• For anxiety, try to remember to breathe. Practicing meditation may also help you relax.
• Acupuncture or massage can be ways for others to give your whole self some gentle attention.
• Ecopsychology is realizing nature and wilderness are our greatest healers. Spend some time outside the city to get centered and get away from pollution which is in itself mind-altering.
• If you have a loved one in crisis, the most helpful thing is to make it clear that you care and be there to listen. They may not be able to call or ask for help — it can be very helpful to keep calling them every day or two to check-in, even if they don’t answer the phone or seem to want help. Sometimes it is okay to want to be alone so don’t be too pushy. Just make it clear that you care. It’s also import to get support and advice for yourself. Caring about someone who is in crisis is in itself a big challenge.
• Social change: Actually address the stressful factors in your environment. Revolution can heal.
• If someone is having delusional thinking or expressing violence related to mental issues, these suggestions may not be enough and it is okay to reach out for professional help.
At a time when the global capitalist system is broken and is failing, regular people create their own structures based on different values, with different heroes, different priorities and using different tools. We offer you this organizer as our humble contribution to that process. Perhaps you’ll fill its pages with marches and assemblies — but we hope also bike rides, compost turns and dance parties. The struggle for liberation requires rage and hard work, but also slowing down and stepping out of the rat race. It requires a do-it-yourself, handmade approach, not the cold standardization of smartphones and robotic industrialism.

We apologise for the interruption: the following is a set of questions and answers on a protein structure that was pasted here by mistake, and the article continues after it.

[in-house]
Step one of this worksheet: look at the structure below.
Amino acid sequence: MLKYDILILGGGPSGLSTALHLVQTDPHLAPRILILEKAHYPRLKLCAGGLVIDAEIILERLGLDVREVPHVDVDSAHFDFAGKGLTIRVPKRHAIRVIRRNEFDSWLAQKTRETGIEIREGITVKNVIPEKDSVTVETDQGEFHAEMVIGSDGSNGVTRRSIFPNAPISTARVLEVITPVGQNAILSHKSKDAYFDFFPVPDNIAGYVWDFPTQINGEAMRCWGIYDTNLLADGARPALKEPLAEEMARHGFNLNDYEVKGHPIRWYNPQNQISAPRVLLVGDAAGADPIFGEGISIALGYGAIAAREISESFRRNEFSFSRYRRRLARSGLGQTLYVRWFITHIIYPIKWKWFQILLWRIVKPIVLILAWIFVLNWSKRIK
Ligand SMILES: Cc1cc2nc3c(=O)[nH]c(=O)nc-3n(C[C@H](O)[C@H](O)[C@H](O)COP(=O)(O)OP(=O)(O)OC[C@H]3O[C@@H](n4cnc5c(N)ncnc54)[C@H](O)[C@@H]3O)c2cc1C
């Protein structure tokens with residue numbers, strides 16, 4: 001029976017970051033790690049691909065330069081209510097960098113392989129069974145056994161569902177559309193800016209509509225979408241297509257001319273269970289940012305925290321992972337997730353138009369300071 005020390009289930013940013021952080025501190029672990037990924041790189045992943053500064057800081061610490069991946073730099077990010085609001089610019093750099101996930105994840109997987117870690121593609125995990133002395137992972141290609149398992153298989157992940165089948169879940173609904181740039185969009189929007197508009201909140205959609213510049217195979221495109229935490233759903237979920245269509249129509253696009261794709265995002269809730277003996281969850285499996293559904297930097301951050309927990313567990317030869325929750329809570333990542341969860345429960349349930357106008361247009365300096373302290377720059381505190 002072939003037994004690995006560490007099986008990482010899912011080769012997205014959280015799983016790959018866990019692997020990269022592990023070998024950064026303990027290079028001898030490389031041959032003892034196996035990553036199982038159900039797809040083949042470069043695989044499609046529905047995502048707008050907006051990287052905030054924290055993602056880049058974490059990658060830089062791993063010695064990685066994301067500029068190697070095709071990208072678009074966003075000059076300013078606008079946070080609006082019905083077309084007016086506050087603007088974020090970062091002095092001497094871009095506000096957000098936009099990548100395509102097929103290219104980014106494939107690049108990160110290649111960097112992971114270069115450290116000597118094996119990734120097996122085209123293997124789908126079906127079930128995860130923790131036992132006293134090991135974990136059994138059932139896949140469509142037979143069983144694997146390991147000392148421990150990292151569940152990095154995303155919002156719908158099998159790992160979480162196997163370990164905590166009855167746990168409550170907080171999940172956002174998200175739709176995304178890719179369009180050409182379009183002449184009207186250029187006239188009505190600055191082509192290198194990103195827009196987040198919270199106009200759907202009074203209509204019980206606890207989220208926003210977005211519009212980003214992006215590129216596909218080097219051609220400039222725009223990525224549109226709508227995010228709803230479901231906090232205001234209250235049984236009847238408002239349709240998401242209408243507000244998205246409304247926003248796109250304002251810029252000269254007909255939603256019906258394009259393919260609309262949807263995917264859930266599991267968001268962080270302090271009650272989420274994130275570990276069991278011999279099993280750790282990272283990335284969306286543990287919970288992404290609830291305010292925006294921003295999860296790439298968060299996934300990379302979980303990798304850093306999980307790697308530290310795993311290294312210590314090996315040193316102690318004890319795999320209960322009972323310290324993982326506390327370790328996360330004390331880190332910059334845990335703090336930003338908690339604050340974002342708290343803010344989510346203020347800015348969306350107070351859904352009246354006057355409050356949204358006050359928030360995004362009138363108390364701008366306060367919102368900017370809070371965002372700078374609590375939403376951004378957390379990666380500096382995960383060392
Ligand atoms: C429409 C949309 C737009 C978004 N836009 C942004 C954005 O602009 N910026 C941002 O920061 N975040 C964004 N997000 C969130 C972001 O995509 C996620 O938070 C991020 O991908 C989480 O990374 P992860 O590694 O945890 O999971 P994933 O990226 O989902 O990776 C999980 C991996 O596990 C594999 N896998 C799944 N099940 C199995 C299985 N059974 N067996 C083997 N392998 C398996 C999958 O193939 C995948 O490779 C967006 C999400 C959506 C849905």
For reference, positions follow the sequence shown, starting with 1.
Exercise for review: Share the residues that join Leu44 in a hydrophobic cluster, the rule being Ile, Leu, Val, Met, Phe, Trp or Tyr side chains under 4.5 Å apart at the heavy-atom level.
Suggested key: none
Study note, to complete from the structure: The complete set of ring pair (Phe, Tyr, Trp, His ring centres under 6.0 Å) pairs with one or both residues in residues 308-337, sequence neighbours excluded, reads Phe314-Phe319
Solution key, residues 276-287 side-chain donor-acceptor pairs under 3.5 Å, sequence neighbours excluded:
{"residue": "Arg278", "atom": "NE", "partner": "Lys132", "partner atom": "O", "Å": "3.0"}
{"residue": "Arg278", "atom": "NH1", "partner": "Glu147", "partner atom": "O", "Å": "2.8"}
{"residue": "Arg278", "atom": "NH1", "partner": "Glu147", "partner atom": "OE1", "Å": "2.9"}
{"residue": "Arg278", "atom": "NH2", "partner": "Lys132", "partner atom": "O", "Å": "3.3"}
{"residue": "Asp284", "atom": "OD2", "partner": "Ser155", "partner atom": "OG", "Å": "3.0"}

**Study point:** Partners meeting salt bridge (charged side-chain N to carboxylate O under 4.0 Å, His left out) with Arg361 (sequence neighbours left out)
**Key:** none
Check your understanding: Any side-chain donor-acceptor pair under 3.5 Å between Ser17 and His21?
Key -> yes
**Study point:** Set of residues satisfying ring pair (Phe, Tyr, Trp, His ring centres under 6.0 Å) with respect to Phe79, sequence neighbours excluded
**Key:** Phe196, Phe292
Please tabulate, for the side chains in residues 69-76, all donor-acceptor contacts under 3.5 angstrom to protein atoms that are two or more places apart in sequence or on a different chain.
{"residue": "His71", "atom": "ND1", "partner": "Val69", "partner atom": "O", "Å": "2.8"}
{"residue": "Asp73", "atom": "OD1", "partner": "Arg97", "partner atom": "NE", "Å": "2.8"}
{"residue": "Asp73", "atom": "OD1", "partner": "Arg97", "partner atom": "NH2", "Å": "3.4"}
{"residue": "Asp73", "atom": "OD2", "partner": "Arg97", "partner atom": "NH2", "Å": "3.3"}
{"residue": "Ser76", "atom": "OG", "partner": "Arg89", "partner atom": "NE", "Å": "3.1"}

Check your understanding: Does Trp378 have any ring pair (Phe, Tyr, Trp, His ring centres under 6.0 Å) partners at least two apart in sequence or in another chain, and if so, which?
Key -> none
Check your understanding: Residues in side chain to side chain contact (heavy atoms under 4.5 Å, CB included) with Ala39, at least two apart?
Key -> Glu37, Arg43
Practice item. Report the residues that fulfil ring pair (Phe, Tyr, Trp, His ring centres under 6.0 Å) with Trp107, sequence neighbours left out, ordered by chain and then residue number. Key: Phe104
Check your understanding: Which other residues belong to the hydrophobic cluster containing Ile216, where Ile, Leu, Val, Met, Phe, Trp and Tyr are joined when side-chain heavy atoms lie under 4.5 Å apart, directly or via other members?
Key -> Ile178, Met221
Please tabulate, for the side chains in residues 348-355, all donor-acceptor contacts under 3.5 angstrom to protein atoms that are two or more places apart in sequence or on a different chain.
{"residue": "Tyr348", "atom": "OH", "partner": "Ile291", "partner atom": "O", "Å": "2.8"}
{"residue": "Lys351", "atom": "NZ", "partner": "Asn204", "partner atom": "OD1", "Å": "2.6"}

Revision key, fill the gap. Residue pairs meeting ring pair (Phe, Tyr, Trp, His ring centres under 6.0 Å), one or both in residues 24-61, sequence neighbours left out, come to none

The alternatives we demand aren’t captured by any single movement, organization or slogan. We need them all. We don’t want things to go back to normal, normal wasn’t working! We can’t afford to retreat into our subcultures and our comfort zones. We gotta be brave and have the challenging discussions — and help those who are frozen to find courage to act. To the system’s death, greed, and endless heaps of plastic, let’s respond with rebellion, collectives, defending natural systems and love for human and non-human life in equal measure.
It is through joy and rage that we can lay foundations for a new world because rejecting the structures that are killing us goes beyond institutions — it also involves reworking what’s in our heads and hearts.
These pages recall those who fought before to inform and inspire our struggle now. We dedicate this year’s organizer to all of you on the front lines fighting for racial, climate and social justice! To get the knee off the world’s neck, here and everywhere.
This is the 27th time our collective has amused itself by publishing the Slingshot Organizer. Its sale raises funds to print the quarterly, radical, independent Slingshot Newspaper. We distribute the newspaper for free everywhere in the US, often at the places listed in the Radical Contact List. Let us know if you can be a local newspaper distributor in your area. Also please send us content for the paper. Thanks to the volunteers who created this year’s organizer: Alexis, Alina, Amy, Ana, Basson, Bernadette, Bernard, Breydon, Carolita, Clara, Cleo, Dov, elke, Fern, Francesca, HB, heri, Isabel, Isabella, Jacquelynn, Jenna, Jesse, Joanna, Jonathon, Kaino, Katie, Kei, Korvin, Kylie, Lew, Lydia, Mango, Marcela, Marie, Mark, Nadja, Rachelle, Rick, Robert, Sasha, Talia, Tula, & those we forgot.